Theft Permeates School

Posted on February 7, 2012

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News | Erin Agnew

Springfield Township is the perfect archetype: a quiet town with neat lawns, a busy library, friendly neighbors, and pride in its youth.  This pride is displayed in praises which glow as brightly as the LED lettering of the billboard immediately evident at the exit ramp to 309.  From the achievements of our sports teams, to the triumphs of our extracurricular clubs, to the successes of the Students of the Month, Springfield has no shortage of accomplishments to celebrate. Yet recent events have colored the environment of the high school and given both students and teachers cause to think about the school climate here at STHS.
It is widely accepted by developmental psychologists, patient teachers, and disgruntled parents that the high school years are a time for testing boundaries of a social, ethical, and personal nature.
However, the disappearance of two antique coins from Mr. Eickhoff’s US History class suggests that some students are exploring the lessons to be learned by testing these boundaries in an inappropriate fashion.  What began as the traditional “hands-on history” lesson to bring the 1890 to 1920 unit to a close ended up as an incident which has left a “question mark” over the head of each student in the D-block class, and one hanging over Mr. Eickhoff’s head as well.
Mr. Eickhoff says that while things have been taken from his classroom before, he sees this theft as an isolated incident, and is not upset by the loss of the coins themselves. No, the commemorative coin from the Columbian exposition of Chicago of 1893-94 and the fifty cent piece of the same era were not the greatest losses to his classroom that day; what truly disappoints him is the loss of the “bond” that exists between students and teachers.  Citing a sweatshirt left on a desk in his first floor room as an example, he articulated “None of us wants to think that in our forgetfulness we would lose something to someone else’s desires.”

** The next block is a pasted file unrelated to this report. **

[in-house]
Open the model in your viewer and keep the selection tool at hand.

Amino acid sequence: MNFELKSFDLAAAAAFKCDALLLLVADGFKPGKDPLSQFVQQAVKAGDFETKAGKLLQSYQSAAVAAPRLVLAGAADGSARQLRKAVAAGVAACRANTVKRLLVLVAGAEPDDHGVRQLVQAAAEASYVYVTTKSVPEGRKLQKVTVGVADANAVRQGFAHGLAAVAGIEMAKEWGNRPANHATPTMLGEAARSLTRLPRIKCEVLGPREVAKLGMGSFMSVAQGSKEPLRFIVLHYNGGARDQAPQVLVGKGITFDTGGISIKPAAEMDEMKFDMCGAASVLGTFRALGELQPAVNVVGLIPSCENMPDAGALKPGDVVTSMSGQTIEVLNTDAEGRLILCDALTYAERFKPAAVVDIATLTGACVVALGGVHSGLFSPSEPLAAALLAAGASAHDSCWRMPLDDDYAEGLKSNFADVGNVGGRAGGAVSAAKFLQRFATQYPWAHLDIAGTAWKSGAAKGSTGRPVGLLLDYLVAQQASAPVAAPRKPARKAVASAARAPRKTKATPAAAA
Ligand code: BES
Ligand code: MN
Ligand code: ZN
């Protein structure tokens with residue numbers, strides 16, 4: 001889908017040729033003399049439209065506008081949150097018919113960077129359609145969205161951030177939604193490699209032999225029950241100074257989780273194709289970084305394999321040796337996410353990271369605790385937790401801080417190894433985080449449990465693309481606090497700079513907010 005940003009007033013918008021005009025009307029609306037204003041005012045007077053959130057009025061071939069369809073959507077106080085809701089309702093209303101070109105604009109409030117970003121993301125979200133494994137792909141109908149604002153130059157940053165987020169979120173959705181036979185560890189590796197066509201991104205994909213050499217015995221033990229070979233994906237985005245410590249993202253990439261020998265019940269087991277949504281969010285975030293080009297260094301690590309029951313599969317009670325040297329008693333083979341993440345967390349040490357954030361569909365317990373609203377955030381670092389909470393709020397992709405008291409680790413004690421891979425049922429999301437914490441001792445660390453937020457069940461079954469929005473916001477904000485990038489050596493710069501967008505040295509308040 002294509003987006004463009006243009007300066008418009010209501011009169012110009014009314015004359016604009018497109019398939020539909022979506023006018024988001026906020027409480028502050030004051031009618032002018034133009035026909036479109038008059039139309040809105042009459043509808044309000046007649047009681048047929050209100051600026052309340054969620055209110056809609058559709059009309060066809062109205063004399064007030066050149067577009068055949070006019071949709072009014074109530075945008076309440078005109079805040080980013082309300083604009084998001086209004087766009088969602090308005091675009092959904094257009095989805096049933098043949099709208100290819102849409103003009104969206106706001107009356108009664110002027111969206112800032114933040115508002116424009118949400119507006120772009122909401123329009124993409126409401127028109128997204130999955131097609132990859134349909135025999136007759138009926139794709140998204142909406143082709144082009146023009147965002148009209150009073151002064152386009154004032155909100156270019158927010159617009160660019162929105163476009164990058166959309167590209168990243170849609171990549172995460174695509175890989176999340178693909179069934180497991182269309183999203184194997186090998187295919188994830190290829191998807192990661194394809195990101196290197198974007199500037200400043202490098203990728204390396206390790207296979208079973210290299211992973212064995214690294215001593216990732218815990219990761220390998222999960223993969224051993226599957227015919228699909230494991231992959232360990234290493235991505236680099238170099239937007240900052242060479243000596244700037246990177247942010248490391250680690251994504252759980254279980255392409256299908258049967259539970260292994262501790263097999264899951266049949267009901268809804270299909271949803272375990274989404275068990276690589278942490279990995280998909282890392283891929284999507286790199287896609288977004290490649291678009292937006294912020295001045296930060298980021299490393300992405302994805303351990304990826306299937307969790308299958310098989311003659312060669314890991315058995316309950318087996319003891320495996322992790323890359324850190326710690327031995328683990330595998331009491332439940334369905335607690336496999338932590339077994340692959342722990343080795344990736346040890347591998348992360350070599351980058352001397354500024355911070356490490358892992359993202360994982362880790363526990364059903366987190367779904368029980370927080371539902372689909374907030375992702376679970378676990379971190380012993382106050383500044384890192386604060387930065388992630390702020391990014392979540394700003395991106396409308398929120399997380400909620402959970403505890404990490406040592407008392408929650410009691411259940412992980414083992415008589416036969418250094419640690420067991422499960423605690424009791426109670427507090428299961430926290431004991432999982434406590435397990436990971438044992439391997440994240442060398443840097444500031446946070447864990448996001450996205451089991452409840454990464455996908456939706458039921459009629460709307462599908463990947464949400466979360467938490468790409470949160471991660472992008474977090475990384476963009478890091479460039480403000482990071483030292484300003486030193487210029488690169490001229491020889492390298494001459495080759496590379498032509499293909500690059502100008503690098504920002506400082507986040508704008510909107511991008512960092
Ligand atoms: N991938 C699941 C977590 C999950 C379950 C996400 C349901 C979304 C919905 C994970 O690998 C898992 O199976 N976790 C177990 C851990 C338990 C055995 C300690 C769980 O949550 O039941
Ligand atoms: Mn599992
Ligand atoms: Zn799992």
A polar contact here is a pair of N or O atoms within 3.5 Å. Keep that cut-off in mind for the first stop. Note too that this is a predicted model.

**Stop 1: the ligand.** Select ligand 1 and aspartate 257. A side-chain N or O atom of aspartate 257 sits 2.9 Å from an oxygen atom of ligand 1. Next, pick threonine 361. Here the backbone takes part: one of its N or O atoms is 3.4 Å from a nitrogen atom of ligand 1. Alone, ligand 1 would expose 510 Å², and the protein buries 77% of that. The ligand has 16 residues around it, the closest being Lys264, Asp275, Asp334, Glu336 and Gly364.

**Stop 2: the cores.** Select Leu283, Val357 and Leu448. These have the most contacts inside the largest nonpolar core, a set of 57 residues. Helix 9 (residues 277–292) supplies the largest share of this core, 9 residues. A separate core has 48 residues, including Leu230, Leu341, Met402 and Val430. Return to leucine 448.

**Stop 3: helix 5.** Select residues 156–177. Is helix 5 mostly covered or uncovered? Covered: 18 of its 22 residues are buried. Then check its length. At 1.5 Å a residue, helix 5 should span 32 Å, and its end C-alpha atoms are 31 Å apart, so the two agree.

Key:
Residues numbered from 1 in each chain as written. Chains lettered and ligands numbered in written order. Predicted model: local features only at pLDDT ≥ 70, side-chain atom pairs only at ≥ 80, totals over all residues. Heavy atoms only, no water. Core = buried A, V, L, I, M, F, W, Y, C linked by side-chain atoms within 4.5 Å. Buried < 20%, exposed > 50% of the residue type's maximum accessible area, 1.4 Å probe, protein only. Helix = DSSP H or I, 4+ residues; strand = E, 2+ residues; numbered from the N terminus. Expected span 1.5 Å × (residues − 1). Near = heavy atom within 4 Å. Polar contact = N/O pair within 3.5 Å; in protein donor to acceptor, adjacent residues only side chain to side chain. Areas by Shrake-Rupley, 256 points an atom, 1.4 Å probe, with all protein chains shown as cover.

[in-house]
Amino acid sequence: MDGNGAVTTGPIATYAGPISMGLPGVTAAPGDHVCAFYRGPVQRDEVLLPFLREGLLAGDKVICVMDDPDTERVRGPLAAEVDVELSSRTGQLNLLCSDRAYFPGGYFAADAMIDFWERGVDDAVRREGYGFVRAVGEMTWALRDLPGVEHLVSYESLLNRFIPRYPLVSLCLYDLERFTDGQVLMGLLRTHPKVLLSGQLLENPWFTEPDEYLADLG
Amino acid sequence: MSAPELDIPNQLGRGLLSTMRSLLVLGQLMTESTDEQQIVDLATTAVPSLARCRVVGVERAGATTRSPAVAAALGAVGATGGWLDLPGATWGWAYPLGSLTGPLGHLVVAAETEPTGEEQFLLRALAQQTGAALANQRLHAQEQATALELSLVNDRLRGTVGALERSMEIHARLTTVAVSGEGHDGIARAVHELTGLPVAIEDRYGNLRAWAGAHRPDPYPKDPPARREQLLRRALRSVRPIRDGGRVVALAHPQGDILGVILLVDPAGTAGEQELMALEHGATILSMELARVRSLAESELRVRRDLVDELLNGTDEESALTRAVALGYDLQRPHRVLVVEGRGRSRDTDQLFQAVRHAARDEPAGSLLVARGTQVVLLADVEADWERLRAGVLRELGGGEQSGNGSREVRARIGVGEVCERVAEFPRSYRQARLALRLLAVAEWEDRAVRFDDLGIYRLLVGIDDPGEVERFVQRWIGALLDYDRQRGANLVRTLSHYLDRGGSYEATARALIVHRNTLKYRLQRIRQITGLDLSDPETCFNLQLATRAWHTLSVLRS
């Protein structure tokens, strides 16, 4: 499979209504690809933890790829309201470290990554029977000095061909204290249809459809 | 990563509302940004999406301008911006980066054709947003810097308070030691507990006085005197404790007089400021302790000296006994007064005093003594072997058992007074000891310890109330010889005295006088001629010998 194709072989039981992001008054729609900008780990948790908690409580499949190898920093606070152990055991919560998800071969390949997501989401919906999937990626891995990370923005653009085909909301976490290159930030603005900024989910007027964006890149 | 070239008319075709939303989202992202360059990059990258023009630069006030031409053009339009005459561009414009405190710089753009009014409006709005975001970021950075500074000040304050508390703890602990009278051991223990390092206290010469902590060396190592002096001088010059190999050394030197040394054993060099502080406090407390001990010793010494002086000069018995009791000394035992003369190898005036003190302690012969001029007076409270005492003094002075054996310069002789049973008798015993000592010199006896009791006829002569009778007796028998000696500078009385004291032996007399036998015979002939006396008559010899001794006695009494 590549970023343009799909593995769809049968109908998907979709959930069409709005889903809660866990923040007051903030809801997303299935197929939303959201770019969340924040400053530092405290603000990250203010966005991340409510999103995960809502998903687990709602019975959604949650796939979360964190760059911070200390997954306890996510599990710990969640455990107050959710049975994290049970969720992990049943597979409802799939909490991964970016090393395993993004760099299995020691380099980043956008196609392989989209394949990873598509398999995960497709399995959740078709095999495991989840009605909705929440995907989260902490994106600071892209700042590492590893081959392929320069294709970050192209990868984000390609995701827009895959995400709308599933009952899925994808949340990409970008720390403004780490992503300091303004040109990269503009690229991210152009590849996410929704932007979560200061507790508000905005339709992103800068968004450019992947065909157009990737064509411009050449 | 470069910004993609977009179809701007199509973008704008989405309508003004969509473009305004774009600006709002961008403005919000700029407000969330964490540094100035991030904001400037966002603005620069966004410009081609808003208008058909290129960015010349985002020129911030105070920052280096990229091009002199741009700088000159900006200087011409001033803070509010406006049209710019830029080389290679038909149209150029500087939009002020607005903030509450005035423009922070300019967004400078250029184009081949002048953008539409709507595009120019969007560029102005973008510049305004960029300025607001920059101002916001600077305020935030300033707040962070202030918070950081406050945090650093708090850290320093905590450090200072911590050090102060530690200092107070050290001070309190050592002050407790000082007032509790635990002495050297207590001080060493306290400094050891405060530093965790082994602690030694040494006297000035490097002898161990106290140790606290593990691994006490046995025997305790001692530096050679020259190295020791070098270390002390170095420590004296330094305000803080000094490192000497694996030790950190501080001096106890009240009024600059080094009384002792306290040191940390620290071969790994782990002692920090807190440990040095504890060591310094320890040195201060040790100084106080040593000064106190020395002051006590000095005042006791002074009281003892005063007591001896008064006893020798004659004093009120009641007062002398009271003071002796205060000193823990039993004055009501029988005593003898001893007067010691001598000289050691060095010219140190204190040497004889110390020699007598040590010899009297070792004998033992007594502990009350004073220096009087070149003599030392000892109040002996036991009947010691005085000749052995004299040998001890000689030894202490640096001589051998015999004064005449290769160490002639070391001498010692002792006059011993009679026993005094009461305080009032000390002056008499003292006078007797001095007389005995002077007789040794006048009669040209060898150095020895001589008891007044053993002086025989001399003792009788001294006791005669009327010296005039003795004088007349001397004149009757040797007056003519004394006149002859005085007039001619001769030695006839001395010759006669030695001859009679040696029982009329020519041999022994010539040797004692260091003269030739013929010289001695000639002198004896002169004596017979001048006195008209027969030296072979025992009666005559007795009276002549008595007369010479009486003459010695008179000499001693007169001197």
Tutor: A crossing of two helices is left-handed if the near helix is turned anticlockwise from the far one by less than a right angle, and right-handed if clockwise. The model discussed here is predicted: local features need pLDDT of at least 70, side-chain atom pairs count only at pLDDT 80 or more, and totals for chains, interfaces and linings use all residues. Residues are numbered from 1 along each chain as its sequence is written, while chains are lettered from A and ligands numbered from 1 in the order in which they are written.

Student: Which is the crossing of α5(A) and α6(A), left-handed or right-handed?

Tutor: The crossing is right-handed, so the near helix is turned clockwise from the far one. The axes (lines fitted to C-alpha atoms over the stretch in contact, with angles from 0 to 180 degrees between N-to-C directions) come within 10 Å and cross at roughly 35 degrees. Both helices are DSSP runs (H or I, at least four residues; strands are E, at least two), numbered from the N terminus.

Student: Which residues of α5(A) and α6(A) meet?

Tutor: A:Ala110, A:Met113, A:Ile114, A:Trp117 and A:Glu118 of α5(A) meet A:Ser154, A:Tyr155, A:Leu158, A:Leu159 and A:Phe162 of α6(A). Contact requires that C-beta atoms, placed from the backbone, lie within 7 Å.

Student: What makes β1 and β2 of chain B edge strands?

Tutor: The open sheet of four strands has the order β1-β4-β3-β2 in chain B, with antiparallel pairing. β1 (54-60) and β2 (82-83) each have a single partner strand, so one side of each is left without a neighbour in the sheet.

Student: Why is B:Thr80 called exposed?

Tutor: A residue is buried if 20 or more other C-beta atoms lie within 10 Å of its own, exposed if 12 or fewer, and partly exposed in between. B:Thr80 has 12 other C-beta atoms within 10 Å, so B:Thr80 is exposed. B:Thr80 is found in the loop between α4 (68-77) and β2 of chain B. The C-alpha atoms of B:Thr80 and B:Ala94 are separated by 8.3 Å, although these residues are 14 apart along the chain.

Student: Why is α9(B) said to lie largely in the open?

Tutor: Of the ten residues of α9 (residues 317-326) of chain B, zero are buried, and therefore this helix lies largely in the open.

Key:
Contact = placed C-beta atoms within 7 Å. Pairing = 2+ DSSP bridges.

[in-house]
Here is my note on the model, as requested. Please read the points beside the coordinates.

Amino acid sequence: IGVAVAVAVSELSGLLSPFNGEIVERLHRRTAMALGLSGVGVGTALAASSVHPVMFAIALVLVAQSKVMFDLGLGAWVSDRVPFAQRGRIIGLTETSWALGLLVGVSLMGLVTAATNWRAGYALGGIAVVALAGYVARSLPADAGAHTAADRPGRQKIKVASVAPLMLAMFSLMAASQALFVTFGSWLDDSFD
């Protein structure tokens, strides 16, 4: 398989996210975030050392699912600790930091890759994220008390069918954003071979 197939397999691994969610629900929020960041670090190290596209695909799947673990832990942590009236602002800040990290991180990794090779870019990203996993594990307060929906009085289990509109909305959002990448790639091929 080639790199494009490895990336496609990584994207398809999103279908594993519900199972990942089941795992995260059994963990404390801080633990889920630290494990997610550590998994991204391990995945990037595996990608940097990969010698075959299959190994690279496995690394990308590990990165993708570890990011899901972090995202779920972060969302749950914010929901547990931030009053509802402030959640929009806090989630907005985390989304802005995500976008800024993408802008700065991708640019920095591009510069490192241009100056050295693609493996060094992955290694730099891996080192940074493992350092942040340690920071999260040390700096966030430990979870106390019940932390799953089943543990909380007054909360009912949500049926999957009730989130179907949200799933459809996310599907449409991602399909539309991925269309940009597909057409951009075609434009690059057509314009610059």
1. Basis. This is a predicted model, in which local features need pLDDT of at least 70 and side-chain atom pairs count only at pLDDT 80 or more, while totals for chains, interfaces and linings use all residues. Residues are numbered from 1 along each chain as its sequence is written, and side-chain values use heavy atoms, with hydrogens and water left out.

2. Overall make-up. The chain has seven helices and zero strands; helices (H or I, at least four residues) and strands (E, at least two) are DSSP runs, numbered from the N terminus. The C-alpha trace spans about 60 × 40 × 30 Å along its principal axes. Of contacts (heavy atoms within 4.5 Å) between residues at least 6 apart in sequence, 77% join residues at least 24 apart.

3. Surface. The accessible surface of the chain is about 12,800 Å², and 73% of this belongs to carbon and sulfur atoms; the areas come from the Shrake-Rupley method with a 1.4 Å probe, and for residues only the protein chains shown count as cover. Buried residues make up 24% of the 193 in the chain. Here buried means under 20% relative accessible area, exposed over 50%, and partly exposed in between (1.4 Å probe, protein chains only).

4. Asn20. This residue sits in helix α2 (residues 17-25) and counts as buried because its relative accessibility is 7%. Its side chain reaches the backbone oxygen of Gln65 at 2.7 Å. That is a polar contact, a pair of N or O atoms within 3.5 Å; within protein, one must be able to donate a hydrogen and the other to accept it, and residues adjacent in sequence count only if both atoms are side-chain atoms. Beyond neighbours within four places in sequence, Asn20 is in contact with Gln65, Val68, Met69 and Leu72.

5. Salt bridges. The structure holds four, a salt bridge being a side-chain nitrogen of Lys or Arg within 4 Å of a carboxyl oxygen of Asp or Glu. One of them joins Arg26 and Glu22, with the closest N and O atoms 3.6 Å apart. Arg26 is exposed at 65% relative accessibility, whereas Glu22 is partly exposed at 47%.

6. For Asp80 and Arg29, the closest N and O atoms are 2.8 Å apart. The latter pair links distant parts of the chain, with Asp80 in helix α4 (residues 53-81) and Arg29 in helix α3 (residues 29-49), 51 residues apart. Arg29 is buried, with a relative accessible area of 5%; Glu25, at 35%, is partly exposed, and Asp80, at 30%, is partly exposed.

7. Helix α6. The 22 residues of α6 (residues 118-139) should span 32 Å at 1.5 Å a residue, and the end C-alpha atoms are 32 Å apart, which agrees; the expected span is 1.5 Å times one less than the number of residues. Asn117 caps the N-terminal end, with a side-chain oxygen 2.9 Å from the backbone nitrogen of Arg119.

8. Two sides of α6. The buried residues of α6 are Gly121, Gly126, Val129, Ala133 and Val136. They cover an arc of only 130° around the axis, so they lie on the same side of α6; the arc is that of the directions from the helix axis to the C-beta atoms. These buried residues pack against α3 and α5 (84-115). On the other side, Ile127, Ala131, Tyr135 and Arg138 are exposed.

The well-loved history teacher is hardly alone in his assertion. School is supposed to be a nurturing environment where hand holding isn’t required.  One can certainly hope to find respect and safety for personal possessions. Student  thoughts on the issue support Mr. Eickhoff’s theory that the theft was the action of no more than two people, he explains that this leaves, “16 or 17 students thinking ‘What is this man talking about?'” when  Mr. Eickhoff organized his class for a discussion of responsibility the day following the theft.
“It just bugs me that anyone would actually steal from him,” commented Junior Chris Grogan, “Those coins obviously meant something to him, as most of his collection seems to.”  Junior Julia Diviny echoes this supportive sentiment, expressing her disappointment in this “lack of respect…for other [students] and teachers.”  As encouraging as these statements are, other student reports of frequent disappearances of iPods, cell phones, and cameras seem to posit that Springfield may not be the safest school for small, valuable possessions.
I have personally had great luck with belongings misplaced and recovered at Springfield.  A camera left in the lower house found its way back to me based on family photos in which the finder recognized my older sisters, both Springfield alum. Just last month I had occasion to leave my entire backpack in the library for the duration of a school day and the contents came through unscathed.   But it appears that my good fortune is an anomaly largely dependent upon location and timing.
The most common place at STHS from which property disappears is, unsurprisingly, the gym locker rooms. Unwatched for 90 minutes at a time and full of valuable jewelry, electronics, and clothes, locker rooms are an easy target for anyone looking to profit from a look at the catalog of lock combinations and a rummage through classmates’ lockers.
An iPod recently went missing from the boy’s locker room, taken out of its owner’s gym locker.  Two weeks later, with word of the theft passed around the class, the music player turned up on a bench in front of the locker from which it disappeared. I applaud the would-be thief for eventually returning such tempting contraband, but the truth is that the theft never should have happened. This particular instance is a scary example of the loss of the bond about which Mr. Eickhoff spoke.